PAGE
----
A methodology for object-oriented programming in Fortran 90 has been developed. The methodology provides for emulation of the most important object-oriented concepts of C++; namely, classes (including abstract data types, encapsulation, and function overloading), inheritance, and dynamic dispatching. Previously, object-oriented programming in Fortran 90 was not considered possible.

This methodology makes the capabilities afforded by object-oriented techniques available to developers of complex Fortran-based scientific programs; thus, it becomes possible to combine some of the power and flexibility of C++ with the maturity and established scientific-computing capability of Fortran. An important advantage of this methodology is that Fortran programmers need not learn a new, complex language — viz. C++.

The most fundamental concept in C++ that must be implemented in Fortran 90 is the concept of classes. Each class contains a distinct data type and the procedures that can be performed by the class. The elements (or components) of the data type are the class data members, and the procedures are the class member functions (or methods). In Fortran 90, one defines a class as a module that contains exactly one abstract data type (called a "derived type") and the procedures that work exclusively on that type. A module in Fortran can also contain data that correspond to static class members in C++.

Another C++ concept that is essential to object-orientation and that must be implemented by hand in Fortran 90 is that of inheritance. Inheritance makes it possible to create a hierarchy of classes in which a base class contains the common properties of the hierarchy and derived classes can modify and specialize these properties. A derived class contains all the class data members of the base class and can add new class data members. Further, a derived class contains all the class member functions of the base class and can modify these functions or add new ones.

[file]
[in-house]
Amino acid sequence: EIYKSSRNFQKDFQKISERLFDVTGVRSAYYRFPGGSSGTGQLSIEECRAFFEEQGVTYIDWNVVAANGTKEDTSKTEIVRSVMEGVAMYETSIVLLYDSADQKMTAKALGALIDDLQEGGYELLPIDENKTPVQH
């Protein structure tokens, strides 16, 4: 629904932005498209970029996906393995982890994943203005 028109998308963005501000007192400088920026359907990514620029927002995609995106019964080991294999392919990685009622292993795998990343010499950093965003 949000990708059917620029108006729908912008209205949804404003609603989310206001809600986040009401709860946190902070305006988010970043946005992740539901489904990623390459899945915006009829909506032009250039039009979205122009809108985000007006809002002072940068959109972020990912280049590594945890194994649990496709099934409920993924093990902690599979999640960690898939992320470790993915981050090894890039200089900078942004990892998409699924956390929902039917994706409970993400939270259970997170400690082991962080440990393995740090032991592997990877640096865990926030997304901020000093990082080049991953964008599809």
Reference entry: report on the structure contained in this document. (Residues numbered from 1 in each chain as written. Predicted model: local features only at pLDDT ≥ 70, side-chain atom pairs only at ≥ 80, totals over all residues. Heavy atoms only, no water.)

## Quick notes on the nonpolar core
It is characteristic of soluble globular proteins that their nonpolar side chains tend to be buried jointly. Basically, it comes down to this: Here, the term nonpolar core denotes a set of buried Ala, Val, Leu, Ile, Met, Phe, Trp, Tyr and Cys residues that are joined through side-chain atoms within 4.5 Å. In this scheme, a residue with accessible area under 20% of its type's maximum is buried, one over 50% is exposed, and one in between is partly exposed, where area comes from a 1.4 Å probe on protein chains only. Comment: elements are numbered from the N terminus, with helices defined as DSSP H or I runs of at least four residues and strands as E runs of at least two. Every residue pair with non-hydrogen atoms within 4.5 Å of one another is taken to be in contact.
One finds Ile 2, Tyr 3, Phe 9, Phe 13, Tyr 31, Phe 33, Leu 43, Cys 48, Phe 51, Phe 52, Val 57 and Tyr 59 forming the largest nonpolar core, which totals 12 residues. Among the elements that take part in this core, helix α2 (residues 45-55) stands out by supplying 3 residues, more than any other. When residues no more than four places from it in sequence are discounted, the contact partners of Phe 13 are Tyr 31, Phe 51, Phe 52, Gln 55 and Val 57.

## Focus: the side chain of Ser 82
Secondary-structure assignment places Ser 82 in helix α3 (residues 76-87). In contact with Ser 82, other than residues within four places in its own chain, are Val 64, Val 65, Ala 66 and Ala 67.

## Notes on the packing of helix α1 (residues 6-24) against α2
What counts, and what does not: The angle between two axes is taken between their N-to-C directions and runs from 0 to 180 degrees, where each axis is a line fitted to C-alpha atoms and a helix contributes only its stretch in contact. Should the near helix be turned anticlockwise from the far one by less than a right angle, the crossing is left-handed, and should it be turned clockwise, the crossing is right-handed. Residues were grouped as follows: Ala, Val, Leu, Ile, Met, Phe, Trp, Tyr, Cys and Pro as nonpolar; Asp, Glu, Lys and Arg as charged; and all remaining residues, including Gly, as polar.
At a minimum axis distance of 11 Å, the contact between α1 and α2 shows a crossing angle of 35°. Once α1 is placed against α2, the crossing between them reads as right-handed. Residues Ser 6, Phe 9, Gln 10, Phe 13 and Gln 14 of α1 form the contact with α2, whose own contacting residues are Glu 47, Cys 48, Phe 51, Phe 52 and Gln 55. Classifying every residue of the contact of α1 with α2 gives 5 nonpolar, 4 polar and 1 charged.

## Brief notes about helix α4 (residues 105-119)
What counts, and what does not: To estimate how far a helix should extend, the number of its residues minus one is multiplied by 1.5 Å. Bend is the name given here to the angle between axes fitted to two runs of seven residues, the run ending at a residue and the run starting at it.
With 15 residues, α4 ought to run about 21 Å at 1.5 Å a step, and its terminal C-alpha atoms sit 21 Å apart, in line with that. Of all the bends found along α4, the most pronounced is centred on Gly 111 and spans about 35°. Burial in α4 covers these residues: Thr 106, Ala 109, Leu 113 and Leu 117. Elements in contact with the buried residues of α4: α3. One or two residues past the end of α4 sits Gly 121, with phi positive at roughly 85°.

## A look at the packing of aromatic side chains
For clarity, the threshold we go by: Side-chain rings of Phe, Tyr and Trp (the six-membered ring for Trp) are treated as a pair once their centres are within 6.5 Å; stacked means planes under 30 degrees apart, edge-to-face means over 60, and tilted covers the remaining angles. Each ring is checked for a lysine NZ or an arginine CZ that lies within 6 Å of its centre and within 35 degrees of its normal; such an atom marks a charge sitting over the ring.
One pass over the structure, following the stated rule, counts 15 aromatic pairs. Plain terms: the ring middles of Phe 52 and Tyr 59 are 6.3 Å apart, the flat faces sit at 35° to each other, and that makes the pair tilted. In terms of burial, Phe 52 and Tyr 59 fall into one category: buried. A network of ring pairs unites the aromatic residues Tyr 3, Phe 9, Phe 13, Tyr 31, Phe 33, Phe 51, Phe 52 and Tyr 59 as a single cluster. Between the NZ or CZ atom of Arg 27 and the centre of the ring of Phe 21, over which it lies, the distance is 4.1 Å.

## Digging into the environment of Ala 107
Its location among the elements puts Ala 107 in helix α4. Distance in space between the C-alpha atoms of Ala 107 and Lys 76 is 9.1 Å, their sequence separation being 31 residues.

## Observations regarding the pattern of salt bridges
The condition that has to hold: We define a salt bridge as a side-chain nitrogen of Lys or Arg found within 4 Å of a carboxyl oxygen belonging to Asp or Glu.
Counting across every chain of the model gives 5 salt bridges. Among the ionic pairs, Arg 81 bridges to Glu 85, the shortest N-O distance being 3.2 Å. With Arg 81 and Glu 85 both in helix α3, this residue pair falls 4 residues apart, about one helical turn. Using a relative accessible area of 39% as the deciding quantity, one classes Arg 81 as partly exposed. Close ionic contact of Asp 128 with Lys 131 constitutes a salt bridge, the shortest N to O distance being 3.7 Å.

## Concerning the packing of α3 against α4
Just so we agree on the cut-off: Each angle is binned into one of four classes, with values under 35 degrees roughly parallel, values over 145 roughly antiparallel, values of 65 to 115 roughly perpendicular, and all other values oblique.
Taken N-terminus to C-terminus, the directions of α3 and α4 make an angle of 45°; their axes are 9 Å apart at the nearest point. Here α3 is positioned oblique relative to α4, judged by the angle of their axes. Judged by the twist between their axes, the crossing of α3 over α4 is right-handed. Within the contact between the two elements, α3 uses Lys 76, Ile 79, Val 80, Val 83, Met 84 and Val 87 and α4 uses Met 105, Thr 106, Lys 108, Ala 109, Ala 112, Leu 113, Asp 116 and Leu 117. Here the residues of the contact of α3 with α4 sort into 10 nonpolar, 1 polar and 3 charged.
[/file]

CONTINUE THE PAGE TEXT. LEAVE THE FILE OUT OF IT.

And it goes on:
A third important C++ concept that must be implemented manually in Fortran 90 is that of dynamic dispatching or run-time polymorphism. By virtue of inheritance, a single method name can be made to respond differently to different objects in an inheritance hierarchy. Dynamic dispatching enables a single object name to refer to any member of an inheritance hierarchy and enables a procedure to resolve, at run time, which object is the referent. This ability is useful because it enables one to write a generic program for a whole class of related objects, yet make the program behave differently, depending on which object is in use.

To implement dynamic dispatching in Fortran 90, it is necessary to construct two features: (1) a pointer object that can point to any member in an inheritance hierarchy and (2) a dispatch mechanism (or method lookup) that can select, on the basis of the class referred to in the pointer object, the appropriate procedure (or method) to execute. In C++, these features are incorporated automatically by use of virtual functions. In Fortran 90, they are constructed by implementing a subtype class. Although the details of dynamic dispatching are thereby exposed to the programmer, they can be hidden from the procedures that make use of the subtype class, as in C++.

Multiple inheritance in C++ enables one to create composite classes that have the properties of their bases classes. In Fortran 90, one can implement a composite class by including the base classes as components in a module, along with the USE operator to bring the base classes into scope.

Unlike in C++, templates and parameterized types are not supported in Fortran 90, and no effective way to emulate them has been found. A Fortran 90 programmer must explicitly provide some features that are automatically available in C++. Fortran 90 allows only a limited number of operators to be overloaded.

In efforts to write object-oriented plasma-simulation computer codes in both Fortran 90 and C++, each of these languages was found to offer both advantages and disadvantages, some in addition to those mentioned above. In the C++ version of the code, it was necessary to create special classes to utilize self-describing multidimensional arrays, which were automatically available in Fortran 90. On the other hand, it was necessary to create special subtype classes in Fortran 90 to emulate the dynamic dispatching that was automatically available in C++. Because type checking in Fortran 90 was stricter than in C++, more errors were caught by the compiler and debugging proceeded more quickly. It was necessary to write more code in Fortran 90. The execution time for the Fortran 90 version was about half that of the C++ version.

This work was done by Viktor K. Decyk and Charles D. Norton of Caltech and Boleslaw K. Szymanski of RPI for NASA's Jet Propulsion Laboratory. For further information, access the Technical Support Package (TSP) free on-line at www.techbriefs.com under the Mathematics and Information Sciences category, or circle no. 112on the TSP Order Card in this issue to receive a copy by mail ($5 charge).NPO-20180


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This article first appeared in the March, 1998 issue of NASA Tech Briefs Magazine.

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